AEC and Manufacturing are doing well, but Media & Entertainment continues its long slide. Revenue in coming quarters will be impacted by Autodesk’s changing business model.
By Randall S. Newton
Autodesk today reported third quarter results of $555 million, up 1% from a year earlier. The company said strong sales of suites and a lift in the construction market helped to offset declines in platform products, media & entertainment, and the effect of their ongoing business realignment.
The recent shutdown of the US government cost Autodesk between 1% and 2% of revenue in the Americas region during the quarter. There were big deals in the pipeline that froze up, said CEO Carl Bass, because “there was nobody to call about the check.”
Net profit for the third quarter of fiscal 2014 (ending October 30, 2013) was $57.6 million, up substantially from $29.4 million a year earlier. Bass said the quarter was a “good compare” in many ways.
Revenue by regions and segments
Revenue in the Americas was down 1% to $208 million from a year ago, and was flat on a constant currency basis. During the conference call with analysts, Bass said when the “knuckleheads” in Washington DC shut the government down, it affected business.
Europe/Middle East/Africa revenue was up 4% to $204 million year-over-year, and up 5% on a constant currency basis. Results from Northern Europe carried the region.
Revenue in Asia/Pacific was flat at $143 million compared to the third quarter last year, but up 7% on a constant currency basis. Japan provides 40% of Autodesk revenue in the region, and its currency dropped against the US Dollar during the quarter, improving sales.
Revenue from emerging economies increased 6% to $84 million from a year ago, and was up 6% on a constant currency basis. Revenue from emerging economies represented 15% of total revenue in the third quarter.
Revenue from the AEC business segment was $186 million, up 13% compared to the third quarter last year. “Continued global adoption of building information modeling (BIM) drove double-digit growth within our AEC business,” said Bass, who noted on the conference call with analysts that Autodesk recorded its first $1 million sale of BIM 360 during the quarter.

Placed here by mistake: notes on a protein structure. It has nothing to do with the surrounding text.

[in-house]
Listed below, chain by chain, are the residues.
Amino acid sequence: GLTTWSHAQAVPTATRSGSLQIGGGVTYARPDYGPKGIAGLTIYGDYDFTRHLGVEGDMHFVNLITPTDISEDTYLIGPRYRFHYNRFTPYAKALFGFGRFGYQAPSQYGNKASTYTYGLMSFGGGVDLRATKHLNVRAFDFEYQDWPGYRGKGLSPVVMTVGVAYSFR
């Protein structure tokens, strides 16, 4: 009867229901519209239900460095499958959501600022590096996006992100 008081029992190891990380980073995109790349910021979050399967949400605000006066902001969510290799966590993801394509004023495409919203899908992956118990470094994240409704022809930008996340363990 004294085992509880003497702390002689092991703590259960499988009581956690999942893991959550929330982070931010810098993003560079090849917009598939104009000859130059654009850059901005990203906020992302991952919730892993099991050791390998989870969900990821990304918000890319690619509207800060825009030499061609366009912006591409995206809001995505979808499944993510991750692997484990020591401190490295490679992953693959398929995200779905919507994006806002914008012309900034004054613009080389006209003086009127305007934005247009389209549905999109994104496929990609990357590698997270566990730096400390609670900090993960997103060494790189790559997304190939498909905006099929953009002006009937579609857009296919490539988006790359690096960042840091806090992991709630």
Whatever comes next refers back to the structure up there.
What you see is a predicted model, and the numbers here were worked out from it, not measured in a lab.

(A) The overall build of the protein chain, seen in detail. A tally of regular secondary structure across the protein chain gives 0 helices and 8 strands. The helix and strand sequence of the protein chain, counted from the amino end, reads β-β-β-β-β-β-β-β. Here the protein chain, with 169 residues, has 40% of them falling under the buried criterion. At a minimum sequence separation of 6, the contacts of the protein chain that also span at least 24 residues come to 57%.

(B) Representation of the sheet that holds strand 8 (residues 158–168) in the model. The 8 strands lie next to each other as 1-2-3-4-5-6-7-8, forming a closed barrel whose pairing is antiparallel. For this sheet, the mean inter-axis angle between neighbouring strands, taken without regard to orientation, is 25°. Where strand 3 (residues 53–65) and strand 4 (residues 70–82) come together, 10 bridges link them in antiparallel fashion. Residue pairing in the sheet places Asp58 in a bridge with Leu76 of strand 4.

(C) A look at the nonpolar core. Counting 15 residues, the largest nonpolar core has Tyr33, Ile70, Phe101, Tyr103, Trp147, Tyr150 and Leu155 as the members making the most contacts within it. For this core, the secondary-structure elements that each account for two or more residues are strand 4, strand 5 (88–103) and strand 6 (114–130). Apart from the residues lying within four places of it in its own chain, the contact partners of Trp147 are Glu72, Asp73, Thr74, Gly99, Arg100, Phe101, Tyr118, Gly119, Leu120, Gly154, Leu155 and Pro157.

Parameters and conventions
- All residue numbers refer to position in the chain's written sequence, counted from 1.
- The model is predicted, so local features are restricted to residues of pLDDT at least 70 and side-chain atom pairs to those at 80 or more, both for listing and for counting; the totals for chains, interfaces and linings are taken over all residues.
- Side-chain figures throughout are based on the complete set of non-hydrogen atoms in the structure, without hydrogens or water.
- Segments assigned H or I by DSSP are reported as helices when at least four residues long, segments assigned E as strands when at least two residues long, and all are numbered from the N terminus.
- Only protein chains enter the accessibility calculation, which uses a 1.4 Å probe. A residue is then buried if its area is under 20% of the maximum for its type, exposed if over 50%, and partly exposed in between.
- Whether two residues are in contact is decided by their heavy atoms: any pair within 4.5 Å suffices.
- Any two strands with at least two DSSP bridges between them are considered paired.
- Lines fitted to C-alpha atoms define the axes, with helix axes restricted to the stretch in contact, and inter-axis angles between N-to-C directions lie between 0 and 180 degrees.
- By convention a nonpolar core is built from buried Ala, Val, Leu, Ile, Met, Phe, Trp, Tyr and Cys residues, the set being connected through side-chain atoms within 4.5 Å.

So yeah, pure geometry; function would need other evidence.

Revenue from the Platform Solutions and Emerging Business segment decreased 10% to $183 million from a year ago.
Revenue from the Media and Entertainment business (M&E) segment was $44 million, down 9% from a year ago. Revenue from animation products (Maya, 3ds Max, and Entertainment Creation Suites) was down 5%. Revenue from Creative Finishing tools decreased 22% from a year ago and 3% sequentially. Autodesk’s M&E business continues its long transition from expensive seats for small markets to software priced for a broader appeal.
Manufacturing business segment revenue was up 8% in the quarter to $142 million. Bass cites “continued momentum” in automotive as a significant driver of the growth.
Revenue from Flagship products was down 9% to $275 million. Flagship products are stand-alone versions of the following products, which are also available in various suites:
- 3ds Max
- AutoCAD LT
- AutoCAD vertical products